"However, there is hope," Stringer reiterated. In her case, she explained, her tumors were found to feature a specific protein mutation called EGFR (epidermal growth factor receptor). And EGFR is one of the so-called biomarkers that some of the new targeted lung cancer therapies are designed to attack.
"There are several of those drugs already on the market," Stringer said. "They're very effective. And there's constantly new ones coming. Which is great. So, there is hope."
But beating lung cancer isn't the only thing patients have to face: Stigma surrounding the disease, which many believe only strikes smokers, is still strong, and many believe chances of early detection and survival are slim.
Many don't know early screening can make a difference
So, Smith has made it his mission to advocate for lung cancer patients while increasing awareness and correcting misconceptions about the disease.
According to a new lung association survey, it's the kind of effort that's sorely needed.
Among 4,000 participants in the Lung Health Barometer survey, only about three in 10 said they knew that lung cancer is the leading cause of cancer death in the United States. And only just over one-third said they knew that early detection screenings -- such as low-dose CT scans -- are even available.
That may explain why only about one-fifth of lung cancer cases get diagnosed at an early stage, even though early detection can lower the death rate among an estimated 14.2 million "high-risk" Americans by as much as 20%.
All of that amounts to a big missed opportunity, Stringer noted, because "lung cancer is not necessarily a death sentence, particularly if you catch it early. Really, early detection is key. Finding it early equals better outcomes. And there are plenty of screening options available, many of them no- or low-cost."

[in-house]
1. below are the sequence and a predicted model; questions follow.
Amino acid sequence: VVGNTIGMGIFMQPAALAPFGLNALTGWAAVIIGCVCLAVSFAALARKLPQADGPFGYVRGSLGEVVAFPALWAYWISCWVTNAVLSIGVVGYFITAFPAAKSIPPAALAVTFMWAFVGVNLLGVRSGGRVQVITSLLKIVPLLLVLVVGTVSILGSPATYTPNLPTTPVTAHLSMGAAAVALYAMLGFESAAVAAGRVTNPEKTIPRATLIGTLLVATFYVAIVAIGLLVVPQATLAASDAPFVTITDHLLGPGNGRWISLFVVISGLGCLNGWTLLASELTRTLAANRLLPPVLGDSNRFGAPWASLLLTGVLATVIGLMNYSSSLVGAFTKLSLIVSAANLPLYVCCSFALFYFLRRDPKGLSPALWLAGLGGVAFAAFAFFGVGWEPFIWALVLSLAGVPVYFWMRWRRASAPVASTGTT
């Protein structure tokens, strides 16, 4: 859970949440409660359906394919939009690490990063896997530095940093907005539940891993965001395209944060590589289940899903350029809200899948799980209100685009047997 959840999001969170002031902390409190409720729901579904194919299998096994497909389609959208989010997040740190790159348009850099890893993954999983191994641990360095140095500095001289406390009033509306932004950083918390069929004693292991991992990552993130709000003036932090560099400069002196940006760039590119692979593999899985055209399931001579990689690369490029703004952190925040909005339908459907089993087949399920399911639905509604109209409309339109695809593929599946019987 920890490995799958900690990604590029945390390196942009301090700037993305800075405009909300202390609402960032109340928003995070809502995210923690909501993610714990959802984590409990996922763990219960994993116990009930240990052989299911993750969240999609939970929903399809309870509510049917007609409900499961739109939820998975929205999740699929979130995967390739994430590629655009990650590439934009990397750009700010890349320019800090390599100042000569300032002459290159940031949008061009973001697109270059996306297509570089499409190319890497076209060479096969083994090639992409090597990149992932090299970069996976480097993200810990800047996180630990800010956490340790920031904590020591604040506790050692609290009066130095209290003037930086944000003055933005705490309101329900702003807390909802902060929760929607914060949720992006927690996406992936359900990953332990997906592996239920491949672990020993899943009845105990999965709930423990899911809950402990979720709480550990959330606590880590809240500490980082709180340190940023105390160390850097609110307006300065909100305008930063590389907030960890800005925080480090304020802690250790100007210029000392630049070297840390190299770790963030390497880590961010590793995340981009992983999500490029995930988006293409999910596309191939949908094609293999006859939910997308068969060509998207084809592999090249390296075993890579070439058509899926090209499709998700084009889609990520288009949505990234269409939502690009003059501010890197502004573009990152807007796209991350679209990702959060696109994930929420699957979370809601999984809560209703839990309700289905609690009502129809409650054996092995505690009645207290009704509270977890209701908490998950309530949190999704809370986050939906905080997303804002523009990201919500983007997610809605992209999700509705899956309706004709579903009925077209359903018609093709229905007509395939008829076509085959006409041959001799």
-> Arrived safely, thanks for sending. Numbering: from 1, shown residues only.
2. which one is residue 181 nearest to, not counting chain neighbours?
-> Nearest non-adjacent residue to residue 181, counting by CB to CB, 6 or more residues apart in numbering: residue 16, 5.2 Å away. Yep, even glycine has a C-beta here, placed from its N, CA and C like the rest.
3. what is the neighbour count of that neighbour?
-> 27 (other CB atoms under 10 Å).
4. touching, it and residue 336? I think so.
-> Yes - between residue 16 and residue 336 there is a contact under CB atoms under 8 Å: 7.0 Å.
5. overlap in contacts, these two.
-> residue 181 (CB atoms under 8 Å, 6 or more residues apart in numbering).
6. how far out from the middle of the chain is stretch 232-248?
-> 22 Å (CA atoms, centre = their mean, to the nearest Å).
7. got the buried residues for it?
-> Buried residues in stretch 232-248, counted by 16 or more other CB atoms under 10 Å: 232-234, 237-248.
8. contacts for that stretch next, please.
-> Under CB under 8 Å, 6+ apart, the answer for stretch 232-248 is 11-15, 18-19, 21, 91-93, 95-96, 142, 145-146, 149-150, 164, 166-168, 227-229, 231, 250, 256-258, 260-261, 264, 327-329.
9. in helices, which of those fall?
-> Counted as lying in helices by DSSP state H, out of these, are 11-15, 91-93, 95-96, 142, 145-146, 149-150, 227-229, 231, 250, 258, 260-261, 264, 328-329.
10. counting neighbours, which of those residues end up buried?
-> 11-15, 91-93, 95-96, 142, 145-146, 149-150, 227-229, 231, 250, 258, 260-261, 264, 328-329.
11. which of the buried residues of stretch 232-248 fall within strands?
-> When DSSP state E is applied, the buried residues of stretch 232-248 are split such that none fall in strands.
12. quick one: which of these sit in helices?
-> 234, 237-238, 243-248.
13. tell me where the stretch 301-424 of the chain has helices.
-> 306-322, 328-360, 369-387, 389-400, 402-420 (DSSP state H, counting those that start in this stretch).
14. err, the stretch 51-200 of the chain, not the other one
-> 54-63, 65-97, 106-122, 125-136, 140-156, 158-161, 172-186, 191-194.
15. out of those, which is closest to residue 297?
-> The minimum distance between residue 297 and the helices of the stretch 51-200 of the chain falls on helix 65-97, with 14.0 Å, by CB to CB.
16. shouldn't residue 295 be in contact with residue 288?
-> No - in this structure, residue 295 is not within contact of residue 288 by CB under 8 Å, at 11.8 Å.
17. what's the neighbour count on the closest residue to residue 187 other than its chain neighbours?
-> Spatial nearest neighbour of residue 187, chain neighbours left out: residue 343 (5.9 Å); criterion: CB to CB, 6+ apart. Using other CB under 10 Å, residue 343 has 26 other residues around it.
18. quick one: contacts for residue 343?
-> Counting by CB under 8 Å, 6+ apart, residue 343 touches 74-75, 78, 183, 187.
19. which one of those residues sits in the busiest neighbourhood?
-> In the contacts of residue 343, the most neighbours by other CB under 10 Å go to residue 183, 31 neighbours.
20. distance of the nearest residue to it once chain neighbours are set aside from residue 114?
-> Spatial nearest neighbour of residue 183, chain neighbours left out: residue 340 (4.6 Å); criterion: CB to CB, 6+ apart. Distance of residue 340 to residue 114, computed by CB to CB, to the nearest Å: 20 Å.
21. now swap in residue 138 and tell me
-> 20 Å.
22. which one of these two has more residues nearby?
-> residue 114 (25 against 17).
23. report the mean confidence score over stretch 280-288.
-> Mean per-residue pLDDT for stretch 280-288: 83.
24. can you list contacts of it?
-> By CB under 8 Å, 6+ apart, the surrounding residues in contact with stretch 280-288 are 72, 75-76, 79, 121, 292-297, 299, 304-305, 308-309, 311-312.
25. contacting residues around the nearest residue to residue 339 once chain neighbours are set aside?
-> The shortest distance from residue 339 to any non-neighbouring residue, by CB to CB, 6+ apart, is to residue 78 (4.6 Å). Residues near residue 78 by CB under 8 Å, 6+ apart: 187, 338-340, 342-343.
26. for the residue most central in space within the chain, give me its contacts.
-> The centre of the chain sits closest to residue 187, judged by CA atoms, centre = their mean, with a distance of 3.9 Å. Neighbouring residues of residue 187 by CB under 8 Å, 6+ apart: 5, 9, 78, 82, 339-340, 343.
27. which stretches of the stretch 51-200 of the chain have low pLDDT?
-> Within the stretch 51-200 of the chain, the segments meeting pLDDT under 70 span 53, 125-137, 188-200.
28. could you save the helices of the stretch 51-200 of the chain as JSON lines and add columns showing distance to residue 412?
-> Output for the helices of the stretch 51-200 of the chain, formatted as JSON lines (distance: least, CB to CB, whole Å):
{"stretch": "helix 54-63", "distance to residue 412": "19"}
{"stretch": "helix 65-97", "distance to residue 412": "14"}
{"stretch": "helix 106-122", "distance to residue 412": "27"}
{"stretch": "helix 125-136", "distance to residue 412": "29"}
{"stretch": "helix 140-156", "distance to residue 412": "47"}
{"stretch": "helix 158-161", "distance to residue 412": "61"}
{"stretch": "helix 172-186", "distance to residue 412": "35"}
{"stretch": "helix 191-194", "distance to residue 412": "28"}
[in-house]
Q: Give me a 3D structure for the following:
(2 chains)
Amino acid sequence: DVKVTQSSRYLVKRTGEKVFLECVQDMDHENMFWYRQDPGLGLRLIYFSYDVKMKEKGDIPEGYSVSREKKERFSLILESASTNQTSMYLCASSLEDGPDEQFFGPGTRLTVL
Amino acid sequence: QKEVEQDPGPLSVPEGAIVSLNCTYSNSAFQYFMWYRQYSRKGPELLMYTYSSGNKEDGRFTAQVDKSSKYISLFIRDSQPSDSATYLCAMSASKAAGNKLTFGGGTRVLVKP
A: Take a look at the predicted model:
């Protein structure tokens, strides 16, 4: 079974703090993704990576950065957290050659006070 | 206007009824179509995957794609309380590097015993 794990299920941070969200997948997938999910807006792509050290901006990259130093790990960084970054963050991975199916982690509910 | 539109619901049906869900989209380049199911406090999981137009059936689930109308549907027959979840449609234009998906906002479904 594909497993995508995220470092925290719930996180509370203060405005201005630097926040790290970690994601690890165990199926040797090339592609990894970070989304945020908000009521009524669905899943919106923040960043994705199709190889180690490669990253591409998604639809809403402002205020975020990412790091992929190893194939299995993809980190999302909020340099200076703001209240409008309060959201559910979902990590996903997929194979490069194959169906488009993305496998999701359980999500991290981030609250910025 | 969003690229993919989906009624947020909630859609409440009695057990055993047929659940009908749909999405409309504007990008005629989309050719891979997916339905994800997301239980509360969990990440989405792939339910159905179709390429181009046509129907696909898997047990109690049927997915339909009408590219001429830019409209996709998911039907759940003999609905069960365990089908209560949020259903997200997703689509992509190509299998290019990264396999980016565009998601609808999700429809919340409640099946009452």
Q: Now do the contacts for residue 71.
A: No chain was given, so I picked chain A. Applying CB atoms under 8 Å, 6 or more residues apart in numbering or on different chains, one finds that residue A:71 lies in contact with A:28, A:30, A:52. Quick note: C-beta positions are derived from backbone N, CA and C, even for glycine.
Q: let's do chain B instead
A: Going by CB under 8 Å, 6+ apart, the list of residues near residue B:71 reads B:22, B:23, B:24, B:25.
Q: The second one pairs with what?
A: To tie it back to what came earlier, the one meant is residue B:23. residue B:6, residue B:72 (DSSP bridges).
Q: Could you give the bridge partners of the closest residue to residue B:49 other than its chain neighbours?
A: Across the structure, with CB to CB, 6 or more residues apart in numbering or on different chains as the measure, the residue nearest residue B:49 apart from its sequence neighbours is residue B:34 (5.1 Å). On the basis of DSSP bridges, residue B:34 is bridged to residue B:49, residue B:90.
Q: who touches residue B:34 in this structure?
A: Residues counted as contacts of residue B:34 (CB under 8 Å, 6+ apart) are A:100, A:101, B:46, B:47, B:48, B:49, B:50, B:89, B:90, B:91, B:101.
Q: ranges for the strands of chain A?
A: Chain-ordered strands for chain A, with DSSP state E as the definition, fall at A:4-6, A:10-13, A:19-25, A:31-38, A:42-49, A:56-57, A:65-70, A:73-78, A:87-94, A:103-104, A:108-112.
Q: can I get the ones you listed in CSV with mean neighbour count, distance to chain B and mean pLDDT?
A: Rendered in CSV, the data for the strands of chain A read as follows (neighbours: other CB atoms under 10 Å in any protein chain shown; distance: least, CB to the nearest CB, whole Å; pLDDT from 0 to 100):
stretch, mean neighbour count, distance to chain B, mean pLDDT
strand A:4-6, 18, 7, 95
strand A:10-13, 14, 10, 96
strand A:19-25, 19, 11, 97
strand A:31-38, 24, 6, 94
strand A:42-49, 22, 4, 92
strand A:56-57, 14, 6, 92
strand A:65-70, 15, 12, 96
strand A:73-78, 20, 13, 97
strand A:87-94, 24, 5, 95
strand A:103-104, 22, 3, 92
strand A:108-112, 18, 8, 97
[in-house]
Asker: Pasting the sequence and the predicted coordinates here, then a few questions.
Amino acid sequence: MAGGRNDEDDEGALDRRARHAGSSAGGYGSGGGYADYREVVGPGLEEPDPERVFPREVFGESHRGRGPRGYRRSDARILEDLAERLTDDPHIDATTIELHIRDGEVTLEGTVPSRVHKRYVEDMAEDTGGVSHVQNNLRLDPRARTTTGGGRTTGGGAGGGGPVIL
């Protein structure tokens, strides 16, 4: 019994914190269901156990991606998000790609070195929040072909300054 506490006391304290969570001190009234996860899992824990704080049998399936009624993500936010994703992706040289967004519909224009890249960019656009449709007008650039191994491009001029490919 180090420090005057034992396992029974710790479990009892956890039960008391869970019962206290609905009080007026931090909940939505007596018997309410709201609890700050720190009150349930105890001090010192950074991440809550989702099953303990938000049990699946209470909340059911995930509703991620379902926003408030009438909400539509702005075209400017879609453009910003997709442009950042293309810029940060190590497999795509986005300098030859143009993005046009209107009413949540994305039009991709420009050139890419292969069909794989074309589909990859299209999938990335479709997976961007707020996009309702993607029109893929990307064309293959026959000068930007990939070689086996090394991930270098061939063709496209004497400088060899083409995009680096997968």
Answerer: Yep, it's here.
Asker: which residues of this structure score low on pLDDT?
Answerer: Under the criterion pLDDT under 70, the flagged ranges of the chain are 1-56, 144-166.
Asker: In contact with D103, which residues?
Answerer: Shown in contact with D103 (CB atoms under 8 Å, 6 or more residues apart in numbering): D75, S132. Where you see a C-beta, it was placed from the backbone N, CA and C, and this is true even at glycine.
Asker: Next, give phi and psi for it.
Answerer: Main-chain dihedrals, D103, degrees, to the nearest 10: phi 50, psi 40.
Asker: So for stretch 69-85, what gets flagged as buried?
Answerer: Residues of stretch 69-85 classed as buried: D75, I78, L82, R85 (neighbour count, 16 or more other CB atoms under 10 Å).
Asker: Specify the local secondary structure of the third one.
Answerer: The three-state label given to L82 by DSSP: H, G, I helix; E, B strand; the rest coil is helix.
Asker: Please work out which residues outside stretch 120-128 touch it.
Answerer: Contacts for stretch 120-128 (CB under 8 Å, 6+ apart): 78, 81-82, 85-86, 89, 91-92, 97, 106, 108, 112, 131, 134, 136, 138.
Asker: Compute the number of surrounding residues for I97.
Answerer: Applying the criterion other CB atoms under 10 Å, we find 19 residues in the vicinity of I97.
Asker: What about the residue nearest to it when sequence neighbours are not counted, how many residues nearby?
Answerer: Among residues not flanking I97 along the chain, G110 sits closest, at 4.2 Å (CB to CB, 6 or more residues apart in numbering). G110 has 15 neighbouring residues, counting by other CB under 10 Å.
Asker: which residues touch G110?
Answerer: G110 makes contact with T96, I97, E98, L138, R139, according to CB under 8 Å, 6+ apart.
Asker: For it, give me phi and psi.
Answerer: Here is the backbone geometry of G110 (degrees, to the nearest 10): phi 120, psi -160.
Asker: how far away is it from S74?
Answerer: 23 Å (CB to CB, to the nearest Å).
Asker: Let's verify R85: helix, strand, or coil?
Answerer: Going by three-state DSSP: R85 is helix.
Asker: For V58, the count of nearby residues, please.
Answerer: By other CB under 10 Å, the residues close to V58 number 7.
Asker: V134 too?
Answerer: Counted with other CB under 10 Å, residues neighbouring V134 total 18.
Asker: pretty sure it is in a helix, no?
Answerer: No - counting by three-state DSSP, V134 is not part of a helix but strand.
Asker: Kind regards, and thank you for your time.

And that's something that should be on the radar of all Americans, Smith and Stringer stressed, not just smokers. Because despite the deeply entrenched notion that only smokers get lung cancer, both Smith and Stringer are the exceptions: neither of them smoke.
"I was not a smoker," said Stringer. "I've never smoked in my life. So, it was a complete shock to me. I mean, it's true that a lot of people who get lung cancer do have a smoking history. [The U.S. Centers for Disease Control and Prevention estimates that 80% to 90% of lung cancer deaths are among smokers]. But the fact is that anyone can get lung cancer, even without a smoking history."
Speaking from personal experience, Smith echoed the thought. "If you have lungs," he said, "you can get lung cancer."
There's more on lung cancer at the American Lung Association.
SOURCES: Mike Smith, lung cancer patient, Fort Mill, S.C.; Ashley Stringer, lung cancer patient, Edmond, Okla.; Daniel Jason, national director, marketing & communications, American Lung Association; Lung Health Barometer Survey, Oct. 25, 2021